So I must work without ceasing. I must work even when not writing. Always, a tiny elf sits in my head, scribbling down experiences, filing away gestures and odd phrases, and composing grand scenes. When I am in class, I am working: who needs to listen to a lecture on Benedictine monks when one has read Umberto Eco’s The Name of the Rose? When I am exercising (which means here riding my bike aimlessly through the decrepit and ruinous parts of my city), I am working. During sex, I am working. While eating lunch, I am working. While taking a shower, I am working. When I am out drinking with my friends, dancing a wild gig of youthful merriment, I am working. I am cataloging my life for the sake of my art. My mind is alive with stories.
I have taken a semester to step away from my second novel, hoping to return with renewed vigor during winter break. For now, I am perfecting my storytelling. I have written six short stories so far since August and I intend to write another two before winter crashes into South Carolina and forces me inside. And when it does, I will pour a hot coffee and keep writing.
Sitting upon a toilet at a German university—a toilet much cleaner than the typical American university toilet—one reads also superior graffiti. No paltry gang warfare. No jokes about sex with your mother. No homophobic or racist slurs. Instead, radical social and political commentary.
In broad red font: The American dollar is the origin of modern imperialism.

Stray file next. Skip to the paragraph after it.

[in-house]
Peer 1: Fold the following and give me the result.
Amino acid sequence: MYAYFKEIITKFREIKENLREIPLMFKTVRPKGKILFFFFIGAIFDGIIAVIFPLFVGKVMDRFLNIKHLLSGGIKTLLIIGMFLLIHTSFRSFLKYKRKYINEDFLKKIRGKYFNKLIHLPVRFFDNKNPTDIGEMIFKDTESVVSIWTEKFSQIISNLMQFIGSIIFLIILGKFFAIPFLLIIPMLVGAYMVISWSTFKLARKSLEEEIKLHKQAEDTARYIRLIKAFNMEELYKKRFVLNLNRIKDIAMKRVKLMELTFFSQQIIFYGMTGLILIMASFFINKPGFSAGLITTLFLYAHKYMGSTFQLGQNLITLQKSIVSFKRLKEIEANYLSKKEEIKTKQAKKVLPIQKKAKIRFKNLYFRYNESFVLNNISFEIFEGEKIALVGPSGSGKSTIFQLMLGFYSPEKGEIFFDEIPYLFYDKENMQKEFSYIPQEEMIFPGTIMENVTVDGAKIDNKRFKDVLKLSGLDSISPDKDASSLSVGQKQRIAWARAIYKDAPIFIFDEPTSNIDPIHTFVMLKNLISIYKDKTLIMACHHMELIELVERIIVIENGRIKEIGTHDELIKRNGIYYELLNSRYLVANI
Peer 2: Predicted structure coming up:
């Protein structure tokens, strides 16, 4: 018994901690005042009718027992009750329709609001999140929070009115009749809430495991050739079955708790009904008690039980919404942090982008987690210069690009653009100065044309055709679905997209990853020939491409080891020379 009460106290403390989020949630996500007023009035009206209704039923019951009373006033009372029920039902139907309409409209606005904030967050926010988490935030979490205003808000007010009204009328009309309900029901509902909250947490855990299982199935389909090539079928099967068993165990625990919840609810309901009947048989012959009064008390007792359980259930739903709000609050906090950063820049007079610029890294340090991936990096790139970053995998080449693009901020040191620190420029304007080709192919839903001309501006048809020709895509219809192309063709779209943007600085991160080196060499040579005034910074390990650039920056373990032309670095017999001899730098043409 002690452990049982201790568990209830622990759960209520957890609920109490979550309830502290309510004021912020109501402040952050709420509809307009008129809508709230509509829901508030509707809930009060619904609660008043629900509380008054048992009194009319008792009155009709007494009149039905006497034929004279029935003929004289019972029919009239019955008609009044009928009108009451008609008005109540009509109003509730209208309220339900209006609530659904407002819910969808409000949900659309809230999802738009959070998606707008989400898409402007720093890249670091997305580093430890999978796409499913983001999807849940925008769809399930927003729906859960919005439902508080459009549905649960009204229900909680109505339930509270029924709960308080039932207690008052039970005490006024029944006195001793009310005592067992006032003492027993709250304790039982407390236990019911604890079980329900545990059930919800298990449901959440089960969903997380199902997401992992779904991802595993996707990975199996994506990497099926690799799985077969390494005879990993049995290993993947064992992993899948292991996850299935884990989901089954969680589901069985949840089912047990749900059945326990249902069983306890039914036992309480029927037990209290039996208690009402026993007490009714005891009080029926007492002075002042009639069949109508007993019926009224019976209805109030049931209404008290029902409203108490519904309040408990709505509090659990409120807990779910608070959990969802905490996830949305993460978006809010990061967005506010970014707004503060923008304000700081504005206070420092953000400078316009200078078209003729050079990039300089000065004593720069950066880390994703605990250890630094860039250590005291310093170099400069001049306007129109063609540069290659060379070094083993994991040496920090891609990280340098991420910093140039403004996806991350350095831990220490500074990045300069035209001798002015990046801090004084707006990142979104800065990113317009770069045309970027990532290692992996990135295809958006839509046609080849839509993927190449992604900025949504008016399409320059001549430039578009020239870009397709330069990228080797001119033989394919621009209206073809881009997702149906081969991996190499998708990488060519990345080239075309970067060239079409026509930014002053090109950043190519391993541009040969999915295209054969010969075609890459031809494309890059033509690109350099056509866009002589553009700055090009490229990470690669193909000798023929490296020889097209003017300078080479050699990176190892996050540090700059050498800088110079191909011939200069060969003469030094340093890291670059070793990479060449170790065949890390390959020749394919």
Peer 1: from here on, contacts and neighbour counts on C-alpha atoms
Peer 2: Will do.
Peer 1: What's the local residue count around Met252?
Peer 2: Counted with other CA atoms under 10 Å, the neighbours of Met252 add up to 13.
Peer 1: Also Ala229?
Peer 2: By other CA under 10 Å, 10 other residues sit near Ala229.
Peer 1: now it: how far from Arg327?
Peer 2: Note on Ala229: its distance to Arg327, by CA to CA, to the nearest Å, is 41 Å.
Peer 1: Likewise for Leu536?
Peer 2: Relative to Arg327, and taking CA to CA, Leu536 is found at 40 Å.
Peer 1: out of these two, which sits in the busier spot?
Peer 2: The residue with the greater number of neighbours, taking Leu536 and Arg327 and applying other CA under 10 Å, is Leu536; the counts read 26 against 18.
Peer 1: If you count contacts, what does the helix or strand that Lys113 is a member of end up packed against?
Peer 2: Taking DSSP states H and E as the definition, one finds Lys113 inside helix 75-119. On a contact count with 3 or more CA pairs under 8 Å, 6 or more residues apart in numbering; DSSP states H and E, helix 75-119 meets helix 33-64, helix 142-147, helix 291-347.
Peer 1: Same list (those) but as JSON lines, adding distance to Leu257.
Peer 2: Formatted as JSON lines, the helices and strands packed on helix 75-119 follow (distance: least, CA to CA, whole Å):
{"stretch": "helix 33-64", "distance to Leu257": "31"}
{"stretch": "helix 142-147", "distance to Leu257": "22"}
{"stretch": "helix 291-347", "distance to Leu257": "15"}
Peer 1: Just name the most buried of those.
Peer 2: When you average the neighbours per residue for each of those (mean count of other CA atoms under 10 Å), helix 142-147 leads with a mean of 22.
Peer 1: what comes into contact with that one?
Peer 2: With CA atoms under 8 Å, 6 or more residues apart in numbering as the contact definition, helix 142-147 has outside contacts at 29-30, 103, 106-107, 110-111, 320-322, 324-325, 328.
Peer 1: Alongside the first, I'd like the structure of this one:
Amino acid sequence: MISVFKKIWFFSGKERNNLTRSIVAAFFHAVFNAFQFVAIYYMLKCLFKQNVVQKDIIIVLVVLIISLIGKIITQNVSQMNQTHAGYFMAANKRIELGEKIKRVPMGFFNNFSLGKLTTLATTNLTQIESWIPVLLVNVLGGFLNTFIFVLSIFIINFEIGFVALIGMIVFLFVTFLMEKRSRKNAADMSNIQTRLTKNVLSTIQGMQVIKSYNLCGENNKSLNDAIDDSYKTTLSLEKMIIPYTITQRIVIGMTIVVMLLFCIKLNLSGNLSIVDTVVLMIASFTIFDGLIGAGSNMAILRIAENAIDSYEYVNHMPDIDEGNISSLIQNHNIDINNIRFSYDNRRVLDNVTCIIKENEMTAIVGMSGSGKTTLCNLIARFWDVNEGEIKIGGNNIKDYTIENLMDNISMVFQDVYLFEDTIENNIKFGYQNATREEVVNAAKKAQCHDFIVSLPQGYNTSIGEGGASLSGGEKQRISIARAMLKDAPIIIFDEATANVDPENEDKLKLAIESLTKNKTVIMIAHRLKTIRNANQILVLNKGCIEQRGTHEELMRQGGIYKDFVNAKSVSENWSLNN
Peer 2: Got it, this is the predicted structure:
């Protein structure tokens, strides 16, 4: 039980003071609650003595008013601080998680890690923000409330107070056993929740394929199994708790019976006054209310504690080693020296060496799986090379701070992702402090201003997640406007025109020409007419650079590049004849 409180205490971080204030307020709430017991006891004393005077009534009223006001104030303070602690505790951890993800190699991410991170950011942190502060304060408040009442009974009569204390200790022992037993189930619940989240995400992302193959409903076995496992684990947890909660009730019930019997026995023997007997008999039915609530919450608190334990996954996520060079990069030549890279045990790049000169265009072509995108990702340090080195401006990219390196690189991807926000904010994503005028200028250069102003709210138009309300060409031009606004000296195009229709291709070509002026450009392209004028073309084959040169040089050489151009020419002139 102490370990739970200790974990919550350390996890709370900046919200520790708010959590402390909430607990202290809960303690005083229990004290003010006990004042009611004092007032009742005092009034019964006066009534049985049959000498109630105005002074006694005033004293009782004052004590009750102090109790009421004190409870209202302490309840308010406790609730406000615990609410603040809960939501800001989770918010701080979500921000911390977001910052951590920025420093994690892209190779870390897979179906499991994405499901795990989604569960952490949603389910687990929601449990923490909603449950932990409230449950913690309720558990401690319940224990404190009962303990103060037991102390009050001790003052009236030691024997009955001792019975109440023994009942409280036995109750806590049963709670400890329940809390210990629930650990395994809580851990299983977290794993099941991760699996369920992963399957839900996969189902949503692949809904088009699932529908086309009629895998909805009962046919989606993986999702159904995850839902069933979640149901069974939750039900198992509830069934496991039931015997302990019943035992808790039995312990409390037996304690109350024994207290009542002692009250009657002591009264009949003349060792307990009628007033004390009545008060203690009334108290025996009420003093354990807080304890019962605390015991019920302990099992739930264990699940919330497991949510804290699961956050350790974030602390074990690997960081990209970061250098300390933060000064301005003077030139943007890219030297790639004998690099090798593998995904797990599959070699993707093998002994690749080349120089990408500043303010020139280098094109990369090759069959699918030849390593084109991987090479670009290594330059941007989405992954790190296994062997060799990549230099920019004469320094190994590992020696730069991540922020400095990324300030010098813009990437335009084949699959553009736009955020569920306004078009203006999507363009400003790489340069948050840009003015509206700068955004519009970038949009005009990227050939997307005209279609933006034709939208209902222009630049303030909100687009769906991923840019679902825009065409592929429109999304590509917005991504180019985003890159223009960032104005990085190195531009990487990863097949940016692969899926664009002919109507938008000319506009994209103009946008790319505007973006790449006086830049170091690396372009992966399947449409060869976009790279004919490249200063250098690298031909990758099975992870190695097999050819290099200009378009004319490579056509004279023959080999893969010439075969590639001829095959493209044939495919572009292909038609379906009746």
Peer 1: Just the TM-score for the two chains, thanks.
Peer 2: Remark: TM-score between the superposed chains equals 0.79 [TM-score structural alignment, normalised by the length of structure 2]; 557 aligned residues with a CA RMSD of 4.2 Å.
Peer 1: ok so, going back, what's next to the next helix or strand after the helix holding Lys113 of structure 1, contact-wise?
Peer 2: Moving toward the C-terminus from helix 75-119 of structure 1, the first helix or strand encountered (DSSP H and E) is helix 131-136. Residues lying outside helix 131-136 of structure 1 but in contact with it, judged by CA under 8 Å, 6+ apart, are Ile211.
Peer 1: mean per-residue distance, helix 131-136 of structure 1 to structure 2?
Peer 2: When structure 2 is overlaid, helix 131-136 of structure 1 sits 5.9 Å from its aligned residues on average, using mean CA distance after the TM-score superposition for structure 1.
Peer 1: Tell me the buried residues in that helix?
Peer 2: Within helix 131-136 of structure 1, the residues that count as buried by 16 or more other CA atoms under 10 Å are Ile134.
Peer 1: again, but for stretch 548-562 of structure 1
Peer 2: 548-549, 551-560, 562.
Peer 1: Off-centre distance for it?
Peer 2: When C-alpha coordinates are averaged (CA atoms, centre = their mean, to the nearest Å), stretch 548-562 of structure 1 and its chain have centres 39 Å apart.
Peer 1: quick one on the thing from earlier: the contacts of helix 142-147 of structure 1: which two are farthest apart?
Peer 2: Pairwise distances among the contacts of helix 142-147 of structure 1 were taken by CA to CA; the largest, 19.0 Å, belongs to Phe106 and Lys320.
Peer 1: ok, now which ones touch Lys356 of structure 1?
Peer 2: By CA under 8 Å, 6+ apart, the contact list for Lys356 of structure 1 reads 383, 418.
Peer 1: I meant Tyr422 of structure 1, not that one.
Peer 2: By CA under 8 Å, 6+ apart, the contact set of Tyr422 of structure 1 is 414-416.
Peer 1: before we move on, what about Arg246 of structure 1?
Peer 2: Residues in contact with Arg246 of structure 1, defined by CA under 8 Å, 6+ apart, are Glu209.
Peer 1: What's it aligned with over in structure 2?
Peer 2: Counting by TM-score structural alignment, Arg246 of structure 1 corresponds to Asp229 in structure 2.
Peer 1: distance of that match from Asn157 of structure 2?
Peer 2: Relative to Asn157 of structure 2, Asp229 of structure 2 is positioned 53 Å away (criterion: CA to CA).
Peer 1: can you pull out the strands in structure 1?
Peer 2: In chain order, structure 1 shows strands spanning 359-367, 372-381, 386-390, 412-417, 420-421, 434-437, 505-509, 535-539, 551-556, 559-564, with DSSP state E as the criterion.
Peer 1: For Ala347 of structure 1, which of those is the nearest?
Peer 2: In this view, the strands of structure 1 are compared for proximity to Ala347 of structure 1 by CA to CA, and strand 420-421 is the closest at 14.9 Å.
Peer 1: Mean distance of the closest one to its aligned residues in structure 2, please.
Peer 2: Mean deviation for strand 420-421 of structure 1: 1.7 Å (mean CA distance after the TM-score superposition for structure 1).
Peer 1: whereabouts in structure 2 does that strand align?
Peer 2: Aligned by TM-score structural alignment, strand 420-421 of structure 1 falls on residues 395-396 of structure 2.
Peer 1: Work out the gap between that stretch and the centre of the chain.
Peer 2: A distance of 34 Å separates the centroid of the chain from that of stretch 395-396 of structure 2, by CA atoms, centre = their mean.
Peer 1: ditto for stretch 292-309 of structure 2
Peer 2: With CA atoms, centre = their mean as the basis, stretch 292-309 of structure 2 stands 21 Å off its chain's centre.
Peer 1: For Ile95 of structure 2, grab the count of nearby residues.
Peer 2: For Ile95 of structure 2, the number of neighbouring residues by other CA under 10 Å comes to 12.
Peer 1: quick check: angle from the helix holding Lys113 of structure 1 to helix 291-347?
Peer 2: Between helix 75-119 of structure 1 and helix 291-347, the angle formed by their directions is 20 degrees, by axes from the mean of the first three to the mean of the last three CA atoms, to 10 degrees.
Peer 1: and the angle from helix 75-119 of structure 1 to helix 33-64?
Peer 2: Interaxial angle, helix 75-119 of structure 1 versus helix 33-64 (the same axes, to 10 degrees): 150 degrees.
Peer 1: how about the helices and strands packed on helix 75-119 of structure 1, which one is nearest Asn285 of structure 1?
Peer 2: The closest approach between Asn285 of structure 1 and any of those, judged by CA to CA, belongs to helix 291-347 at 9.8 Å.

Below this, an argument over the comparable importance of revolutionary theory against revolutionary action (after much back-and-forth, the proponent of theory convinces the proponent of action that both are equally dependent on the other).
An Obey sticker featuring Rachel Carson cuddling with a pug instead of Andre the Giant’s fearsome face.
Below this, a sage quote: When you play the Game of Thrones, you win or you die.
I stand up from my throne and depart from this quiet kingdom.
I ride the bus in and out of town, stopping at any cafe or bar to briefly read White Teeth or work on the new novel, but still I have no yet begun. Not yet. Begun something, I don’t know, not in any tangible way. All of this feels like a dream, and it may be when every person is a stranger. No one exists except for me, everyone else an actor or actress in the background of a silent film. I have long prided myself on this tenuous characteristic of being “out-going,” but I discover this applies only in easy circles. My domain resides in the classroom, the poetry slam, the independent coffee house, not the random bustling avenue where everyone seems to possess direction save for I. Beyond that, each interaction is a cipher: going to the bank, ordering a doener, buying a bus ticket.